North Myrtle Beach Passes First Reading of Short-Term Rental Parking Rules | national news
North Myrtle Beach City Council on Friday passed first reading of the latest version of a transitional parking order designed to control parking overflow in short-term rentals in residential neighborhoods.
Councilors put the brakes on the first draft of the ordinance on May 3 over concerns from the rental industry, and shifted again on a second draft presented at a workshop on Wednesday before passing a vote to unanimity on the third attempt.
“We had recommendations that were presented to us by some rental companies and I asked the lawyers if they wanted to sit down and talk with our lawyers and our staff and ‘Let’s try to figure out the differences that we have’, and I think they made a really good prescription, ”said Mayor Marilyn Hatley.
The ordinance requires owners of short-term rental properties who rent for less than 90 days both to report to the city the maximum number of residential private parking spaces available on-site and to communicate this information to customers in advertisements, rental contracts. and displays inside the units.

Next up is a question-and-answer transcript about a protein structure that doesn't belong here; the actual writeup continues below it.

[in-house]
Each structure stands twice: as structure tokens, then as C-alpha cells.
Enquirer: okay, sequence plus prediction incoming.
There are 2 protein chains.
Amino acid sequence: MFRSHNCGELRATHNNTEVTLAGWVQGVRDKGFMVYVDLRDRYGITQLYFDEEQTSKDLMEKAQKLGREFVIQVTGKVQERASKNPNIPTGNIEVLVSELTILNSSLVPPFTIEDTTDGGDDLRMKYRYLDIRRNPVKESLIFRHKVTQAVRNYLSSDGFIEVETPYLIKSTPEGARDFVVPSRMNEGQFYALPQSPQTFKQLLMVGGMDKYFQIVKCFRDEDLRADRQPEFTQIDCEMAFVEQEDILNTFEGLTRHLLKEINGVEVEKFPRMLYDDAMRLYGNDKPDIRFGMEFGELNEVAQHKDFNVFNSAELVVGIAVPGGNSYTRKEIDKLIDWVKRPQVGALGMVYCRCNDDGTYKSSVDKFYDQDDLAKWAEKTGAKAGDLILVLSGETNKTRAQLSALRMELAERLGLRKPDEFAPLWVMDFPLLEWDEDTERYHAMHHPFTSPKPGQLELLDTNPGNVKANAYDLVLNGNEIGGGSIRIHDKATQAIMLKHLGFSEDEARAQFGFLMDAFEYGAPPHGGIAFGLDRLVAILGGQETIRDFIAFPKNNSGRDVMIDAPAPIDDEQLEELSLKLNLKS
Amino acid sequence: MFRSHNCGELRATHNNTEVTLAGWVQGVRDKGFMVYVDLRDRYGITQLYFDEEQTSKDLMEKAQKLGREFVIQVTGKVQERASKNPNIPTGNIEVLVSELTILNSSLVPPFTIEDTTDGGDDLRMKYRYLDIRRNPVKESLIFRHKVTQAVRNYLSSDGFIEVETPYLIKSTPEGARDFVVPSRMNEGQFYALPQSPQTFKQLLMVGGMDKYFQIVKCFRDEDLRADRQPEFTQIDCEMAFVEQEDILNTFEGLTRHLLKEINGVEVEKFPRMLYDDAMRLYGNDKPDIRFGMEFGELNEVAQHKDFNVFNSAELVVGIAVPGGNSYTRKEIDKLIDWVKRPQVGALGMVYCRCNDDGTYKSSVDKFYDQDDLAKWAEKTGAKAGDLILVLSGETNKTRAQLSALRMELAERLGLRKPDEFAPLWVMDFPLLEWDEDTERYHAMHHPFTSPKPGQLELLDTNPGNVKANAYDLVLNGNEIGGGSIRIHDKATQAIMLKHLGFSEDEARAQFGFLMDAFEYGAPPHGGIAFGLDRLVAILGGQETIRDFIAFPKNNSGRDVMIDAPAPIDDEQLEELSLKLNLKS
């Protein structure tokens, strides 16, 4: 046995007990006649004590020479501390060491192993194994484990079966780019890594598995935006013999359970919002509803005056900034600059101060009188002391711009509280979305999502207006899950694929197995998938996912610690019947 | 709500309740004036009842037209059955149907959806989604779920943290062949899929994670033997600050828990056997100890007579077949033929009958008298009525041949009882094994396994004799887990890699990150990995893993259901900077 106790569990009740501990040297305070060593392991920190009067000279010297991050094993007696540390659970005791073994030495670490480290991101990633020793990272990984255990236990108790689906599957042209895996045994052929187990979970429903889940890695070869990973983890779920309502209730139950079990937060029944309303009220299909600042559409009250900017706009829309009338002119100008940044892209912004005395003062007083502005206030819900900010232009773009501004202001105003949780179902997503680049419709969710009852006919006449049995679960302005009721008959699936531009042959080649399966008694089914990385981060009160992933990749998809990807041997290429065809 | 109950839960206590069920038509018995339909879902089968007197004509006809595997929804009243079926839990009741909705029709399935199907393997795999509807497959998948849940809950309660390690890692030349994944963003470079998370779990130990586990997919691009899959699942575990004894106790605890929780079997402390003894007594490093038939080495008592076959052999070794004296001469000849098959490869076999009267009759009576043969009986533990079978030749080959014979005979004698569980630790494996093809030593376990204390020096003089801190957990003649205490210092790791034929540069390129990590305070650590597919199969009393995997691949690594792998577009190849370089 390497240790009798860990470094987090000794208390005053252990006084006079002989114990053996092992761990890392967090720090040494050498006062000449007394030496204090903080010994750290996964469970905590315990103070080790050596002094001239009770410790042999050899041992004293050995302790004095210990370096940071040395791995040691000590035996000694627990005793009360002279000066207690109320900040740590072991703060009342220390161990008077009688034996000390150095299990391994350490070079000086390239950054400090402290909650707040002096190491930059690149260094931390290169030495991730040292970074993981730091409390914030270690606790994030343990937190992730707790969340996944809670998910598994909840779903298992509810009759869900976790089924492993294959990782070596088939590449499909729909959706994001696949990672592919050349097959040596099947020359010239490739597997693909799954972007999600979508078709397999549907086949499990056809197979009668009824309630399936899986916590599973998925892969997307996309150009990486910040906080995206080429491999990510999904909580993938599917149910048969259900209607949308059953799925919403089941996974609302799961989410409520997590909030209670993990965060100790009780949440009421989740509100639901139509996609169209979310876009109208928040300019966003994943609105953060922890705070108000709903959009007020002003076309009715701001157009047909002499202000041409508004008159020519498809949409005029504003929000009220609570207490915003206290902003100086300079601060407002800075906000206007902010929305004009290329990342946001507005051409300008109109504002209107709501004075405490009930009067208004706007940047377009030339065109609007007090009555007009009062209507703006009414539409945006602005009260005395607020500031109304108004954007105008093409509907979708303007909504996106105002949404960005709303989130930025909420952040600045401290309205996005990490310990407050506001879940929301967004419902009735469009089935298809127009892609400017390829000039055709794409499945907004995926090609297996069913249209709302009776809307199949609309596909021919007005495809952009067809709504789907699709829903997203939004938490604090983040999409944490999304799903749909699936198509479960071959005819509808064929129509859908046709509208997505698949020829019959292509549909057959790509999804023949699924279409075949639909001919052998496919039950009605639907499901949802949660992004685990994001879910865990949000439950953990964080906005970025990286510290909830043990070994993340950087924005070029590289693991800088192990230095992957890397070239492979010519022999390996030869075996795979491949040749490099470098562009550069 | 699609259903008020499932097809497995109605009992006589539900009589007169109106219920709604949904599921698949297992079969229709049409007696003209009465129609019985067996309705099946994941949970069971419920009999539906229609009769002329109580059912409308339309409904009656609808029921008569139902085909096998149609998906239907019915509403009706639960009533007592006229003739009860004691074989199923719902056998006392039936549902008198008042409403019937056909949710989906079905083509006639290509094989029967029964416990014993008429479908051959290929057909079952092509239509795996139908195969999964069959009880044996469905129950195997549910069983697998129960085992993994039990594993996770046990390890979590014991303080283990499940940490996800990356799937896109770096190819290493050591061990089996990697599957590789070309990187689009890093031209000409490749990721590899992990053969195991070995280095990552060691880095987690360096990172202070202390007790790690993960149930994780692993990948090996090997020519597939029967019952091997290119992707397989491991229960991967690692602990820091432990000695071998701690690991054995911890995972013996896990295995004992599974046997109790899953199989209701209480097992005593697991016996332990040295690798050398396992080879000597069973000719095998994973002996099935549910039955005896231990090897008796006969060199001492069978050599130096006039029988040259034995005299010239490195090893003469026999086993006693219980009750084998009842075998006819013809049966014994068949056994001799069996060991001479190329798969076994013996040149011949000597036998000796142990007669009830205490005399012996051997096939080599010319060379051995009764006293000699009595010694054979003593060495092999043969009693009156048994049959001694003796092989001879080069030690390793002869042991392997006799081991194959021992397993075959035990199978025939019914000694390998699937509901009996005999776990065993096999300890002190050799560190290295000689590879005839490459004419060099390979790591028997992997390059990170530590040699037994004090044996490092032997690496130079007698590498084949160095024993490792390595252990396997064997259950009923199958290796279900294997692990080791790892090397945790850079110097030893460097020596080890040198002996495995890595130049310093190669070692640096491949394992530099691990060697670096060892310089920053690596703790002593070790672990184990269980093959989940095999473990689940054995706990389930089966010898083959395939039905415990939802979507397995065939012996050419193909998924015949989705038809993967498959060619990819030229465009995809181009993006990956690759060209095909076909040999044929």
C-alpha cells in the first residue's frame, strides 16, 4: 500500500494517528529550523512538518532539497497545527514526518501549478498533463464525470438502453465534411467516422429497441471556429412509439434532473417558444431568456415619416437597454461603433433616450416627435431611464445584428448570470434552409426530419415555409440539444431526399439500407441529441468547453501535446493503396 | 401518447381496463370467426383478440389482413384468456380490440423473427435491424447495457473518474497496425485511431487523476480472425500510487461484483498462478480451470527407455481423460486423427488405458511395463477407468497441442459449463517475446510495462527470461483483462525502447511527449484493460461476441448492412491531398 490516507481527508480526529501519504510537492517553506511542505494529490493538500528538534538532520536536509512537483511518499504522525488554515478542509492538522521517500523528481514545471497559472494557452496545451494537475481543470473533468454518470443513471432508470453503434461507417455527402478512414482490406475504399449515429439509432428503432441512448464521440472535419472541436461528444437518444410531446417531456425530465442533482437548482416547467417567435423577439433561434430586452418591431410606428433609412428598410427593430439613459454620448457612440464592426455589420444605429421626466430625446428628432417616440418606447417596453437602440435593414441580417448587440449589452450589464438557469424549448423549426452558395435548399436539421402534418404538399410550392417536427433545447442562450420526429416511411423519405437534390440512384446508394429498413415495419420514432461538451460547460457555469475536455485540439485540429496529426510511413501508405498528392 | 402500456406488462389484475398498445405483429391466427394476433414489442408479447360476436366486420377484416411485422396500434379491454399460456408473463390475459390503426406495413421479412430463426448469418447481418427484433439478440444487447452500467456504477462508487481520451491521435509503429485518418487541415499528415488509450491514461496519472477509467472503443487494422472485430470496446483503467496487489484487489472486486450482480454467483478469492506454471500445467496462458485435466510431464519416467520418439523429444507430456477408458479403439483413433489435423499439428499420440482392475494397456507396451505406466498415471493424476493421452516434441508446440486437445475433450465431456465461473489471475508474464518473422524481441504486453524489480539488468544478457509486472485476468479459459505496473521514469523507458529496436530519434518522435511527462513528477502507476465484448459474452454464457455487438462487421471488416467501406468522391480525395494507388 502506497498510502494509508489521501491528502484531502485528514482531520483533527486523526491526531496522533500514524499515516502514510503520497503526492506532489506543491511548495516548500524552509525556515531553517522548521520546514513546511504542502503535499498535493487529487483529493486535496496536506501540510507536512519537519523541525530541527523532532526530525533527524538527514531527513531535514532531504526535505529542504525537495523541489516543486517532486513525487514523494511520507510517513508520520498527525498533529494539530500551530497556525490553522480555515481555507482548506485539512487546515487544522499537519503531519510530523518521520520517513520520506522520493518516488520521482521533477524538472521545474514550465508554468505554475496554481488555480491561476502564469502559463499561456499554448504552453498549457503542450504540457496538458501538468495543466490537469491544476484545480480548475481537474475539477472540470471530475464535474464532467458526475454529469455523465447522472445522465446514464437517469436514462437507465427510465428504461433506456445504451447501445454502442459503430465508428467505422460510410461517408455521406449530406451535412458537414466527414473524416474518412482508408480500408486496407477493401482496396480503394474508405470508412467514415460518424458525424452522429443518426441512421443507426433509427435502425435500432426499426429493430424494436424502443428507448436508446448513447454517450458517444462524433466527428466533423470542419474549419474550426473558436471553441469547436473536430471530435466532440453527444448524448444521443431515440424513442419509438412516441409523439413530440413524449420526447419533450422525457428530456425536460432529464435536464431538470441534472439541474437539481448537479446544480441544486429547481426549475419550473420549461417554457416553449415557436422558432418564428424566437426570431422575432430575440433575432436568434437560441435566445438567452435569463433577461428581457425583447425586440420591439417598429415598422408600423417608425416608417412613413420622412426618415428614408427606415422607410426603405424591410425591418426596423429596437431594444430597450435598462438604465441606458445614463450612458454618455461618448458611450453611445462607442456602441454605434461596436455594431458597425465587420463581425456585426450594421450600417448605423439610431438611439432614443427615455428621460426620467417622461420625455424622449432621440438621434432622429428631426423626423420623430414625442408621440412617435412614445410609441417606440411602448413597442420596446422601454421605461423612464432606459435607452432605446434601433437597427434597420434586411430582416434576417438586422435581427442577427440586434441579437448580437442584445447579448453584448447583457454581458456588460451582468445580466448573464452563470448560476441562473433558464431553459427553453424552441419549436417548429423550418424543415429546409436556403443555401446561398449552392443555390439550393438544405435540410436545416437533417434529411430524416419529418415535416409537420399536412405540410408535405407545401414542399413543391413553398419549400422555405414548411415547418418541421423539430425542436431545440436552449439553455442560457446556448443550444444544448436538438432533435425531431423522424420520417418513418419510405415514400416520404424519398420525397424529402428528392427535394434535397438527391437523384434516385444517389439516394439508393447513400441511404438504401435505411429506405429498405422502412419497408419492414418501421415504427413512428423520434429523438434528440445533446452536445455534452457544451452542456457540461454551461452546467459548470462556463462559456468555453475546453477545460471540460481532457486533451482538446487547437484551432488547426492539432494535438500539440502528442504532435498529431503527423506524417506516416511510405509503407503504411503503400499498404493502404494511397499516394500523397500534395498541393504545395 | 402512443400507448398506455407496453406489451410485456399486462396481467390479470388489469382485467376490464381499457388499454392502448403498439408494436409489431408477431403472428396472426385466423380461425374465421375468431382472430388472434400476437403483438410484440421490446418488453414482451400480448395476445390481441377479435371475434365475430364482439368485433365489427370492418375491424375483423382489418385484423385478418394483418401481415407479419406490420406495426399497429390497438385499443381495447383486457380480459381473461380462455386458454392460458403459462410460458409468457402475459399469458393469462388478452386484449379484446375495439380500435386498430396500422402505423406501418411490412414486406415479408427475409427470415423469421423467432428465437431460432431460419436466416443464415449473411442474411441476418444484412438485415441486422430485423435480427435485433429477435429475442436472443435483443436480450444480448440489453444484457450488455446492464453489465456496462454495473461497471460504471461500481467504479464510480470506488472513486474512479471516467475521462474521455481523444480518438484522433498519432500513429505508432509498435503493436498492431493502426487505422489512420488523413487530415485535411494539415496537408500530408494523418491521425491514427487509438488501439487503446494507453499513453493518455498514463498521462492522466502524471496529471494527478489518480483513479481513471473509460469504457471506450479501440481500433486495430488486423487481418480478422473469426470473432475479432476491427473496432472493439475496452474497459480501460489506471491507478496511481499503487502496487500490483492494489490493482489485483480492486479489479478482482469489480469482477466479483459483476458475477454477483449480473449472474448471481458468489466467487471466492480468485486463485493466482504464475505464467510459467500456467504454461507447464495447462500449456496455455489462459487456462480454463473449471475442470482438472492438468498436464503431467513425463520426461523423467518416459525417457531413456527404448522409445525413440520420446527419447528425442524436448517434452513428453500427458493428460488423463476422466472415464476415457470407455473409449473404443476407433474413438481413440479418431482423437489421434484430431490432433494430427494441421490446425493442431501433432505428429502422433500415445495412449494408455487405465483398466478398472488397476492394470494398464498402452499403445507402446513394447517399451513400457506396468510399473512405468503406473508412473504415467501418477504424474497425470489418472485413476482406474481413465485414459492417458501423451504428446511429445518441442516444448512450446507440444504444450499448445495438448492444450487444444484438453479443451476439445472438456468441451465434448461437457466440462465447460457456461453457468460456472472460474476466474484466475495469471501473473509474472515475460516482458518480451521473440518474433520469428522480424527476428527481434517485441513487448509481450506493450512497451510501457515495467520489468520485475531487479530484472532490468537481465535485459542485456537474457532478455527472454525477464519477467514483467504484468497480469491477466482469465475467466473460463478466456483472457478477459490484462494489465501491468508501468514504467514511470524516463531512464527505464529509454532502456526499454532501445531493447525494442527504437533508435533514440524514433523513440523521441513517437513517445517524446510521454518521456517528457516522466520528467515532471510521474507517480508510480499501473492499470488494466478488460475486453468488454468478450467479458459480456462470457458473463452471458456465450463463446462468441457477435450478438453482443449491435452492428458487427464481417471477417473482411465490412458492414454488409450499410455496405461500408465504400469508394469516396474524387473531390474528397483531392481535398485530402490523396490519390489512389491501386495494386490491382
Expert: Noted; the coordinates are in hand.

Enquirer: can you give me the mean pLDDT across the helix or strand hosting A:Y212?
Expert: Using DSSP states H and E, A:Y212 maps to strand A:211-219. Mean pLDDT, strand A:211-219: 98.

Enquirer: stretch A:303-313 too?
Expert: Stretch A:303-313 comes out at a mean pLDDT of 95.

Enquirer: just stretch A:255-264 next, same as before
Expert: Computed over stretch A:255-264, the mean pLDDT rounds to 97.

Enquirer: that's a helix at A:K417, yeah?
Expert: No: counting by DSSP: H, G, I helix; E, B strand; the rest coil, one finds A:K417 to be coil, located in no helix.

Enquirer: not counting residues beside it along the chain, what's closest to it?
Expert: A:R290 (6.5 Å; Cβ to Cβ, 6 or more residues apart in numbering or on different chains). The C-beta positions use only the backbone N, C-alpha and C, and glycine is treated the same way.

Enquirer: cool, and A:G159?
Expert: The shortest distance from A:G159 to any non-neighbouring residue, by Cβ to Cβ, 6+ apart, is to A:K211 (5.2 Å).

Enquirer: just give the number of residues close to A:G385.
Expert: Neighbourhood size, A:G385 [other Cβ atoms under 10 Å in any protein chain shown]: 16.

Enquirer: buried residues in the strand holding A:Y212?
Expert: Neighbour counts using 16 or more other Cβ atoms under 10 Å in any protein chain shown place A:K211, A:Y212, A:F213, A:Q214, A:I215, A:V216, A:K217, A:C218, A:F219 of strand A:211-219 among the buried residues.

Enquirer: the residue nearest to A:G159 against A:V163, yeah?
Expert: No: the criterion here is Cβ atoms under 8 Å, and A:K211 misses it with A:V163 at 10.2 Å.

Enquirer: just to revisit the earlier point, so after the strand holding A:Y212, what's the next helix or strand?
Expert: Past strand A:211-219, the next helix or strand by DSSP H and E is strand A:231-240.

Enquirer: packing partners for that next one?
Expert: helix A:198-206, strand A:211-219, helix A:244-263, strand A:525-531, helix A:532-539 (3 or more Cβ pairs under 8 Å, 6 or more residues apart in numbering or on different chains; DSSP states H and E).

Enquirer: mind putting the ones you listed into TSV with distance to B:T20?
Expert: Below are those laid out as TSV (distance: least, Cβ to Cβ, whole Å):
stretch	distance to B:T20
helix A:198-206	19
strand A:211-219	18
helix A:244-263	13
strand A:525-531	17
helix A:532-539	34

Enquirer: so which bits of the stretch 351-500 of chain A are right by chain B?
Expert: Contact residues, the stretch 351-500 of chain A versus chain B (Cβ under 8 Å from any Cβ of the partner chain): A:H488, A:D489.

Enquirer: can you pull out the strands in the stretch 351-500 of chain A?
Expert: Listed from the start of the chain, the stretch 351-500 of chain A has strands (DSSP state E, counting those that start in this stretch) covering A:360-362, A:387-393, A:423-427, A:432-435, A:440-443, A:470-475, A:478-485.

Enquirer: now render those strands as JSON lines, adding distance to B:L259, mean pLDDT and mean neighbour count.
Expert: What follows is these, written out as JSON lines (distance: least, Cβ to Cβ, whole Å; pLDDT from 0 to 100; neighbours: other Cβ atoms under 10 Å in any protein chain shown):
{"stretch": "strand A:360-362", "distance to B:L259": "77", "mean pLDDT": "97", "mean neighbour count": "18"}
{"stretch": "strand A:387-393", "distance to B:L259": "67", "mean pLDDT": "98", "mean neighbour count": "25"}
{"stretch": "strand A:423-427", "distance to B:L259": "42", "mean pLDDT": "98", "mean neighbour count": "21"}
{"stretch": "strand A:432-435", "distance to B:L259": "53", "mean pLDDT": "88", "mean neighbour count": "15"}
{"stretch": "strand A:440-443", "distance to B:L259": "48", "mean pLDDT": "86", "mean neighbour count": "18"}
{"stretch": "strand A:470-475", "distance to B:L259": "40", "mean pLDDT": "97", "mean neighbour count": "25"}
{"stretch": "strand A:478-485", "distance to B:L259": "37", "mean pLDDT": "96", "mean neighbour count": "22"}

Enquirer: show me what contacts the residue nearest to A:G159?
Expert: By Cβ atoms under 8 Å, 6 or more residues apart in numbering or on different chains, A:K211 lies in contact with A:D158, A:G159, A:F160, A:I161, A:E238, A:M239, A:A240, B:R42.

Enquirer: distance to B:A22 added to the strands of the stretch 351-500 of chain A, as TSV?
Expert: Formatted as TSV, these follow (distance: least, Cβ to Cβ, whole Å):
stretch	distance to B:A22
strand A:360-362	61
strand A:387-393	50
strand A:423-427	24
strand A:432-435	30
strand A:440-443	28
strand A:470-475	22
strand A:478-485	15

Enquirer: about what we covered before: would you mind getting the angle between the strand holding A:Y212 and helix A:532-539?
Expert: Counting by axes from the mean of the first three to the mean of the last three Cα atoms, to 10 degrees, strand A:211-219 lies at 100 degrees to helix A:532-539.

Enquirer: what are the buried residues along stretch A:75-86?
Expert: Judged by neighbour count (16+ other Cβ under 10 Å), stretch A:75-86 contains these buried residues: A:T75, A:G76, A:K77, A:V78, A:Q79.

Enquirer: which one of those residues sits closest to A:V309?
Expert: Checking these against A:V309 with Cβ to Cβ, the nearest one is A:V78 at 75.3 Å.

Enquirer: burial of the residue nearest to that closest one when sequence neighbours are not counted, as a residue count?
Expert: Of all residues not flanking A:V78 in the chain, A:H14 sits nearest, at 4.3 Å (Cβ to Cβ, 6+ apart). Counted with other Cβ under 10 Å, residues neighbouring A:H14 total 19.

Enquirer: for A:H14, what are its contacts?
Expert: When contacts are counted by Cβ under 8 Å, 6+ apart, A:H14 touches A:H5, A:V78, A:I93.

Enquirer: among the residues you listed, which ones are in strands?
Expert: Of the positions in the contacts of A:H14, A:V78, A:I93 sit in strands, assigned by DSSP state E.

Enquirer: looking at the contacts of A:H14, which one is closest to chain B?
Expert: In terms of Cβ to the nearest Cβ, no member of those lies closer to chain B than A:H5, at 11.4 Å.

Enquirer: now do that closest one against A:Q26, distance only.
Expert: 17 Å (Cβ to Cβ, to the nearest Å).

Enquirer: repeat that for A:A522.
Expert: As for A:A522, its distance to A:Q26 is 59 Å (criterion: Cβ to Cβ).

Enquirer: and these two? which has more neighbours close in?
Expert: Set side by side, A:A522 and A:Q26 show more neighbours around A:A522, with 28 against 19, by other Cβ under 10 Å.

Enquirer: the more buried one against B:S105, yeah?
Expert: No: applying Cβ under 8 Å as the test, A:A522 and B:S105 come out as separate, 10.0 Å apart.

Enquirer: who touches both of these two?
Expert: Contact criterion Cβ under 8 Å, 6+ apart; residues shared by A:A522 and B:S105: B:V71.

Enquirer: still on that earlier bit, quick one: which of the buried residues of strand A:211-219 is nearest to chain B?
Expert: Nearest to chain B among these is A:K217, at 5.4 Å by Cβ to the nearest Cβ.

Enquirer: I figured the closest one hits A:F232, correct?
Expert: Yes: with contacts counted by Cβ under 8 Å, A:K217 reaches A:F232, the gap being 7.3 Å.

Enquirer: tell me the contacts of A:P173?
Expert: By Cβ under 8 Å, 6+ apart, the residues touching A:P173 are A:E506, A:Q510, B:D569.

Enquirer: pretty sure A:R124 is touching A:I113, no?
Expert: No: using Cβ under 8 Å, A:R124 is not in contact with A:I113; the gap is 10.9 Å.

If the rental is part of an association of owners, an association of owners or has an act restriction limiting the number of parking spaces per resident, the owner must certify to the city that his declared number of spaces is in conformity. what their HOA, POA or deed allows them to have, says the ordinance.
End-to-end parking is permitted, but parking spaces must be on private property, not in the city right-of-way and cannot encroach on a sidewalk. It is also forbidden to park in landscaped beds or to park so that the vehicle overhangs other land.
The ordinance includes other regulations for temporary parking, defined as “short-term parking, usually a week or less”. For example, where shoulder parking is permitted, no one is allowed to park within 9 meters of the edge of an intersection and cars parked at the shoulder cannot exceed the edge of the sidewalk. pavement.